Today's skyline over Cambridge is as dominated by new cranes as it is with ancient spires.
The changing landscape reflects the demand for homes - but like the cranes their price is always rising.
Duncan Stott moved to Cambridge to take up a job in the area's booming tech industry, but like others who move for work, he's finding the city's popularity is pushing up prices. Unable to buy a home, he's renting.
An average home in Cambridge is now 419 thousand pounds. Only London is more expensive. And yet despite the prices, houses continue to sell. In fact, Cambridge is now the fastest selling city in Britain, according to the property website 'Rightmove.'
New housing, such as developments by the train station, is meant to ease the pressure. But not everyone buying a house wants a home.
With prices continuing to rocket, estate agents say Cambridge is now seen as an excellent financial investment - and with the city's international reputation, buyers are flocking from all over the world.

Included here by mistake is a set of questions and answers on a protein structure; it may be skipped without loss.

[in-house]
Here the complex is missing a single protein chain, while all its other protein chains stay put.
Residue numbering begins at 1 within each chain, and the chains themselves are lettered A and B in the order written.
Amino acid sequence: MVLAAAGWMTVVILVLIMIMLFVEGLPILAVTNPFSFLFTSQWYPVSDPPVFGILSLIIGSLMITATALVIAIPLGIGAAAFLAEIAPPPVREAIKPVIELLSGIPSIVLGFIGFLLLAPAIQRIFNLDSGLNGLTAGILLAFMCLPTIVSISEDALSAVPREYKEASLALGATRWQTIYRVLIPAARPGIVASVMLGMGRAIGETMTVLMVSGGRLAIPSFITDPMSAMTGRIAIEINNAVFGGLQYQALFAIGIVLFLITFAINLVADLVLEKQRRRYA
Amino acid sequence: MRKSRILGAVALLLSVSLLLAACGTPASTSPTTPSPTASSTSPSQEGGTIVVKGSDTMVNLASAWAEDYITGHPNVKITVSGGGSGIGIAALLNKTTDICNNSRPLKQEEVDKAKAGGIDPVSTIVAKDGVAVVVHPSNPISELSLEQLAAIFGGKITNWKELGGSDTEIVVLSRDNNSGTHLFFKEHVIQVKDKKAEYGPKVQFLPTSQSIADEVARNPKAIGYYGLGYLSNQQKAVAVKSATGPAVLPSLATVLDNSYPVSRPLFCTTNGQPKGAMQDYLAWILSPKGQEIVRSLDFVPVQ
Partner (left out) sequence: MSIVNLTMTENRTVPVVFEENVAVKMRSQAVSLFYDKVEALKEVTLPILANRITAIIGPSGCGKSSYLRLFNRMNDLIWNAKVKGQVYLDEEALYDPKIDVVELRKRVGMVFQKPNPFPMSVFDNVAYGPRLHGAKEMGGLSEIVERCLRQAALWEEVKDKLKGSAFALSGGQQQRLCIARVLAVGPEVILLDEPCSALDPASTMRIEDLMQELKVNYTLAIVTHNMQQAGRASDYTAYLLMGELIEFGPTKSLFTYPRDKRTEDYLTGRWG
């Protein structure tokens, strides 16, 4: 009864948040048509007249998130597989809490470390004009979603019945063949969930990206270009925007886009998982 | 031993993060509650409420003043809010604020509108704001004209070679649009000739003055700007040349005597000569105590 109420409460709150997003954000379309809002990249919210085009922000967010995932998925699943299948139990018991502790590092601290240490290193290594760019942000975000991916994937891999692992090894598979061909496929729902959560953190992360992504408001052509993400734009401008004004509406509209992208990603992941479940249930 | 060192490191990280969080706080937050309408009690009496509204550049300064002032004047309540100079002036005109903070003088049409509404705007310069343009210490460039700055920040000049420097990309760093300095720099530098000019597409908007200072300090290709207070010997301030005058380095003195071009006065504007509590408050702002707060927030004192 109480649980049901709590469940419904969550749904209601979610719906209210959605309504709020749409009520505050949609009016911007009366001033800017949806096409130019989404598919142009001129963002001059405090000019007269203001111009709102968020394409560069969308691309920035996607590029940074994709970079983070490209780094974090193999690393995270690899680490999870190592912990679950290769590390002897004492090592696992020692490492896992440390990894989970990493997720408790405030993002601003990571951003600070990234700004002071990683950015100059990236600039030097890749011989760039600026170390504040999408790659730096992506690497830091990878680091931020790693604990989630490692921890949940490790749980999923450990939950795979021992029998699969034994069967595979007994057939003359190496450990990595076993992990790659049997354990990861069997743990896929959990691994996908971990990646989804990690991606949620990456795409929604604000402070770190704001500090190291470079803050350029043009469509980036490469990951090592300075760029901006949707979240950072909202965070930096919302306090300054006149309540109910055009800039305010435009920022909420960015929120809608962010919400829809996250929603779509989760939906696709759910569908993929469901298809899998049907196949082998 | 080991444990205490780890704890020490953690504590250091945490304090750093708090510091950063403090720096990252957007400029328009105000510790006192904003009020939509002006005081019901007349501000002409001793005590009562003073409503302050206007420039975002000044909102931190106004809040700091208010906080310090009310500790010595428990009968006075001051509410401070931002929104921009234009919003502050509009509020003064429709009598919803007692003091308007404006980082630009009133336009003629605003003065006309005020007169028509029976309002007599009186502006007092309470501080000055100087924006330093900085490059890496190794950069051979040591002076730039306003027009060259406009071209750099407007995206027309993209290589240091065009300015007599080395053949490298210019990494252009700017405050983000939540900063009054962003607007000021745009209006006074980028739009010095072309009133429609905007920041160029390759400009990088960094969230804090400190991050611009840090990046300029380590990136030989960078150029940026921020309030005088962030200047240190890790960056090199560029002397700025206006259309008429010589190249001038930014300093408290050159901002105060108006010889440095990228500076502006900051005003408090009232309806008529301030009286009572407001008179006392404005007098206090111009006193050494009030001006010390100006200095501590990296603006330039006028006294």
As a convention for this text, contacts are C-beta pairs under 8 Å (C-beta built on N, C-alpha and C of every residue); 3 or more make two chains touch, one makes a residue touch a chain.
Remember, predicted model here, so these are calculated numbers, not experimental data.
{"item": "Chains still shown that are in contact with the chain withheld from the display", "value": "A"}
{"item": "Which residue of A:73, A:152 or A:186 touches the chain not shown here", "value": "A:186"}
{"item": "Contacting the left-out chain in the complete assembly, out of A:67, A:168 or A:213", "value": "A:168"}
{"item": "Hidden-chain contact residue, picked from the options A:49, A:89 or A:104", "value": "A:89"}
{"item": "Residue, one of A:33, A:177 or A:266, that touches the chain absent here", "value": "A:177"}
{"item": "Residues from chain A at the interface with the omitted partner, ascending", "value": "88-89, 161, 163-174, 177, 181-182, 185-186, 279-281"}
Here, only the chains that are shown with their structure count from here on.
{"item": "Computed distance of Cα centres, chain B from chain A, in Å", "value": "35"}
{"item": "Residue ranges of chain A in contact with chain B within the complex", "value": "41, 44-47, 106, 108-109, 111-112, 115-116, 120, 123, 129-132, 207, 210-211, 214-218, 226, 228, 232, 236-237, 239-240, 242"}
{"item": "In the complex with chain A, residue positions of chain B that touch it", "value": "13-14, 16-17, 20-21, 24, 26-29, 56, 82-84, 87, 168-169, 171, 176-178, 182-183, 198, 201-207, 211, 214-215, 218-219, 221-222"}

It's not just Haart seeing interest from abroad. ITV News spoke to a number of estate agents who, on average, reported around 30 percent of residential sales were to overseas buyers.
The head of housing at the City Council told ITV News it's time the government took action to deter buyers from leaving houses empty
Cambridge is one of Britain's major success stories. Its technology and pharmaceutical industries, as well as its famous university attract people from all over the globe.
But that fame is coming at a price, and one many are unable to pay.